This happens to me. I understand a song differently since I've grown. I listen to Nelly's "Country Grammar" album differently now than when I listened to it 15 years ago—or however long ago that was, almost 20 years ago maybe even. I'm more mature. I understand things now that I didn't then. That Nelly album was his best work in my opinion,—analysing it now, studying it as an artist—before he went mainstream,—to cater to that, the mainstream, "selling-out"—like Jay-Z's "Reasonable Doubt" and 50 Cent's "Power of the Dollar," Nelly's "Country Grammar."
I listen to that Bob Marley album, "Legend." The first time I heard that album was only about 5 years ago. But the songs from that album I've heard all my life. One song specifically I've always liked, "No Woman No Cry."
Now, I am a bit ditzy, I admit. I like to pretend I'm smart, but I am a touch ditzy. And I never listen too deeply to song lyrics. I listen to music for music—the melody, the harmony of it all. So I always thought Bob was saying, no woman equals no crying. So, if you have no woman, you won't cry. And Sublime's re-make I've listened to maybe more than Bob's original. But just 2 weeks ago maybe it was I listened to Bob's version again. And I really listened. And he is telling the girl, don't cry.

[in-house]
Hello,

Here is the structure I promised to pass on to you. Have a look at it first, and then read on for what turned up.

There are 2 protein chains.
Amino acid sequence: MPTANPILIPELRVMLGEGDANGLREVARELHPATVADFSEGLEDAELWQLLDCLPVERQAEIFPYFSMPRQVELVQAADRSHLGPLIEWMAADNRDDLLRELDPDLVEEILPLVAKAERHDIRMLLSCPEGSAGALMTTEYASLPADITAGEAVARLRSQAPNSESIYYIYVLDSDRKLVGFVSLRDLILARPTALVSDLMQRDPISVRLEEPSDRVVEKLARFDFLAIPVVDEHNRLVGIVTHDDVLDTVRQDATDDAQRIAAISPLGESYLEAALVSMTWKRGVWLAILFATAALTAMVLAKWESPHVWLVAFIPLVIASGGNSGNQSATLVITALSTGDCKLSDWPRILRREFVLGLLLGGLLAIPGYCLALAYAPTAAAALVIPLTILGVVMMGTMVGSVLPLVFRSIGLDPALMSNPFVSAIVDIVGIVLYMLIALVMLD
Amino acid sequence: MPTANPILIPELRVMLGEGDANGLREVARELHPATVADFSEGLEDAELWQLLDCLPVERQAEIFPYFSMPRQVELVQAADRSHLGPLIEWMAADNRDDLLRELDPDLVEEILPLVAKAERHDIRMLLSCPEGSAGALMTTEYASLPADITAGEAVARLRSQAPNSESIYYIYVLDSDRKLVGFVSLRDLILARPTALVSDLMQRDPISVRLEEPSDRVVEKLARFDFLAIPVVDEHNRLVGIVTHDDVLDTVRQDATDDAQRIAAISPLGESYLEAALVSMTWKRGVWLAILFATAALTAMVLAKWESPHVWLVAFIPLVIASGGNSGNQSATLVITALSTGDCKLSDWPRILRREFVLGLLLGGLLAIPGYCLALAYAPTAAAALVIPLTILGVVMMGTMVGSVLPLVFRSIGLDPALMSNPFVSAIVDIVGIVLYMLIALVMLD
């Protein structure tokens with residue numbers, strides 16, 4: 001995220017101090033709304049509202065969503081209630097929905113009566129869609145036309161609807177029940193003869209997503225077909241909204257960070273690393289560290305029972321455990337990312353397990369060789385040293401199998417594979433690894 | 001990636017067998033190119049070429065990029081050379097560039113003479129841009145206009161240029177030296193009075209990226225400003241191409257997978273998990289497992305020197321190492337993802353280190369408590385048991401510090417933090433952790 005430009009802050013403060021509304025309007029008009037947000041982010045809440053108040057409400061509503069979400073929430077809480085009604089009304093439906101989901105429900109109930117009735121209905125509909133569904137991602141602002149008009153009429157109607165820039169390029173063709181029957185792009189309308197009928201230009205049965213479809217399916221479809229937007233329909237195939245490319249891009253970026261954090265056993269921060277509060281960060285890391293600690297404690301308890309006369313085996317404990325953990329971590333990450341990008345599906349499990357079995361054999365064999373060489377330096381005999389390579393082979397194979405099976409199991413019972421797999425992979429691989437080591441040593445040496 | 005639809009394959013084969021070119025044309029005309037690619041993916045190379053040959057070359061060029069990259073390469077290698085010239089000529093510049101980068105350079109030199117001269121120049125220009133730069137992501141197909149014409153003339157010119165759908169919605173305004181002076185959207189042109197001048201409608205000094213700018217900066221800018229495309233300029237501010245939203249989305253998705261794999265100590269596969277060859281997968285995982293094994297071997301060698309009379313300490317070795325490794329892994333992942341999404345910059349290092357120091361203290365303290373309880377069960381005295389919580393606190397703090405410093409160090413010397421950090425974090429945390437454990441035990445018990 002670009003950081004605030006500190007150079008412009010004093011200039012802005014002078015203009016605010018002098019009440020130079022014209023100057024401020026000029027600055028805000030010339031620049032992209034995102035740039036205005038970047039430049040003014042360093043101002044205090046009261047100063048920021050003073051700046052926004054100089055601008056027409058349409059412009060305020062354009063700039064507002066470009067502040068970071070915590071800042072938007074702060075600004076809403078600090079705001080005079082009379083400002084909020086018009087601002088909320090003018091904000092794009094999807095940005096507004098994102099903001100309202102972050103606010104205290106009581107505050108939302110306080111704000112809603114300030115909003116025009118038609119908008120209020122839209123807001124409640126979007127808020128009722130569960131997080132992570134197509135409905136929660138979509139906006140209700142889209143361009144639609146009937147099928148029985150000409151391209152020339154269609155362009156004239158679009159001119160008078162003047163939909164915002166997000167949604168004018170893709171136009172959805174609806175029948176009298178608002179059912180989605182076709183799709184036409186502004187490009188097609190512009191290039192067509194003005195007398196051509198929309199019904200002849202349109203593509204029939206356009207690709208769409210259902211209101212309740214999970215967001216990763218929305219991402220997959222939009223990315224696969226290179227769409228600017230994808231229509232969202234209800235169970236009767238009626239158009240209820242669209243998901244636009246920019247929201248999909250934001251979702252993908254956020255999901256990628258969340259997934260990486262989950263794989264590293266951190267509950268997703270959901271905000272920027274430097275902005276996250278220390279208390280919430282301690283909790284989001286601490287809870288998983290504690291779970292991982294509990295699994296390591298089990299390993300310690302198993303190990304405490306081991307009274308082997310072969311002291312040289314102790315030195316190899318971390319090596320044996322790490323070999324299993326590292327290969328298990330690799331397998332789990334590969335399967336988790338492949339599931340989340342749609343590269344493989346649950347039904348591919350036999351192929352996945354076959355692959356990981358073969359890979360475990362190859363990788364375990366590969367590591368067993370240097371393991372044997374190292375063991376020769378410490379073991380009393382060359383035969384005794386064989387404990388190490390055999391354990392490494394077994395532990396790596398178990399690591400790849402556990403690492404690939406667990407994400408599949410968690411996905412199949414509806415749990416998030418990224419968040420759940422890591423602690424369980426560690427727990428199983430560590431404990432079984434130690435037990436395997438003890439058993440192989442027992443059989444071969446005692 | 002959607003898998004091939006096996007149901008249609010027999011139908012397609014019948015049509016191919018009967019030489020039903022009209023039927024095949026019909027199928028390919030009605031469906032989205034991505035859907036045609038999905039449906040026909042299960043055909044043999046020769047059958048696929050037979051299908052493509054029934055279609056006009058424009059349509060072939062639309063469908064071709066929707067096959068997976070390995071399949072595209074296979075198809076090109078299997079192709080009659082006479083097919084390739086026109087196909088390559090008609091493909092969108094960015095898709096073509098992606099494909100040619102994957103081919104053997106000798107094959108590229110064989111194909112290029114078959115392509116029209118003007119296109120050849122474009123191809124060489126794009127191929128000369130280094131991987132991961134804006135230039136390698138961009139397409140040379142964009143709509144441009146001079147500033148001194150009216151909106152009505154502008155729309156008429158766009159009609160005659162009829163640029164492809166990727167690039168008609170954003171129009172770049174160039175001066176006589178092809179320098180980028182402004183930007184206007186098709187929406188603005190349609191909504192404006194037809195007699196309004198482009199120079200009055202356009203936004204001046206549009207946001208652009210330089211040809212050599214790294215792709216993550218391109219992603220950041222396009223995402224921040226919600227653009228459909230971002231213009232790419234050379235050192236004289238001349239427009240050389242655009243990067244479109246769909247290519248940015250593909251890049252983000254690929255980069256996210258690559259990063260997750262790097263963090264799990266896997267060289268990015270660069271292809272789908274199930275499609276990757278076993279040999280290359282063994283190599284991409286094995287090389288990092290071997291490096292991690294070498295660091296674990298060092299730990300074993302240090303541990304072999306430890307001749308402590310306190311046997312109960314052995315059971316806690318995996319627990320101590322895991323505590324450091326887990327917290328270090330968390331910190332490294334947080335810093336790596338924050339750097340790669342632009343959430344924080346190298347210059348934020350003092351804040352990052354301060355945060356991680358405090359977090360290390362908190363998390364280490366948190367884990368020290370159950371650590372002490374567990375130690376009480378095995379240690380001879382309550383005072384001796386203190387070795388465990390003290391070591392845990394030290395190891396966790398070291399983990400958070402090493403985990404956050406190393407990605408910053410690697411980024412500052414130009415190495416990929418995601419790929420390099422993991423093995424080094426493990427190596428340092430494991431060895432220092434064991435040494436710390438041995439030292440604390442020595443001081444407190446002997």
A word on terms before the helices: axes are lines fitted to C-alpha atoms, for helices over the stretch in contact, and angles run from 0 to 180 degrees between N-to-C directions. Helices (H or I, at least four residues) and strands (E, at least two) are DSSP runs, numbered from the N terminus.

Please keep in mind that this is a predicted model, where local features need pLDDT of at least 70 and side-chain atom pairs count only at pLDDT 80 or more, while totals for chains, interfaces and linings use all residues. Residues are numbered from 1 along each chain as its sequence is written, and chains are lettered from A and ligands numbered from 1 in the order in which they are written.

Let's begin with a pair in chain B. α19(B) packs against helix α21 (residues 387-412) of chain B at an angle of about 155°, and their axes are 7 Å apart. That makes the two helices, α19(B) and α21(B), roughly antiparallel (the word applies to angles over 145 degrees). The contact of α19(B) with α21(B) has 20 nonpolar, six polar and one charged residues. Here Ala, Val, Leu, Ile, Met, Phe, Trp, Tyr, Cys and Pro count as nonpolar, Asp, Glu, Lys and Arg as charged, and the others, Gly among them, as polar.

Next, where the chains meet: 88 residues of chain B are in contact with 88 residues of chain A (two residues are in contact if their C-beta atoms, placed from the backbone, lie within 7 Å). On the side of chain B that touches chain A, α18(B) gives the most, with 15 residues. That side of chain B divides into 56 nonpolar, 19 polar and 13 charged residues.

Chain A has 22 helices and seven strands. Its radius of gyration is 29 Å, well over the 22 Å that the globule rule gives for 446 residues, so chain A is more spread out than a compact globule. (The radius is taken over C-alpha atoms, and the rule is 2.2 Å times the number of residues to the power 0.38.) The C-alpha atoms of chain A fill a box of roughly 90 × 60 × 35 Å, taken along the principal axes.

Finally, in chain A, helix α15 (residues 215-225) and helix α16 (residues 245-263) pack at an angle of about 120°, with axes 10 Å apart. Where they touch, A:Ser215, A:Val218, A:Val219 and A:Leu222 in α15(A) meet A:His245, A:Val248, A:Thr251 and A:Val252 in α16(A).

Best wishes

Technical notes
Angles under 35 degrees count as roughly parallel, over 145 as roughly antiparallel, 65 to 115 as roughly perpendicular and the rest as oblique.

And he is singing about when he was poor, in the government yard in Trenton. And I understood everything, walking the beach in Portugal myself, barely an euro to my name. I was letting the water hit my feet, then walking a bit in the sand to let them dry then exfoliate, then letting the water hit them again, and etc., nursing them, my feet, because they hurt so much from walking. "My feet are my only carriage." And I had tears in my eyes. "Don't cry, girl." I was right there with Bob—and still am. I could have sung that song myself.
And I thought he always said, oatmeal porridge. But he says cornmeal porridge. So now I cook cornmeal porridge.
I made a little hobo-stove from cardboard, candle wax, and a tuna can. It works very nicely to cook the cornmeal. It saves me from having to start an entire fire twice a day. I just light the cardboard like a candle and I have a little stove I can blow-out once finished. But I will make my next little hobo-stove in a bean can, I think, because a bean can is bigger and it will last longer than having to make little tuna-can-stoves a couple times a week.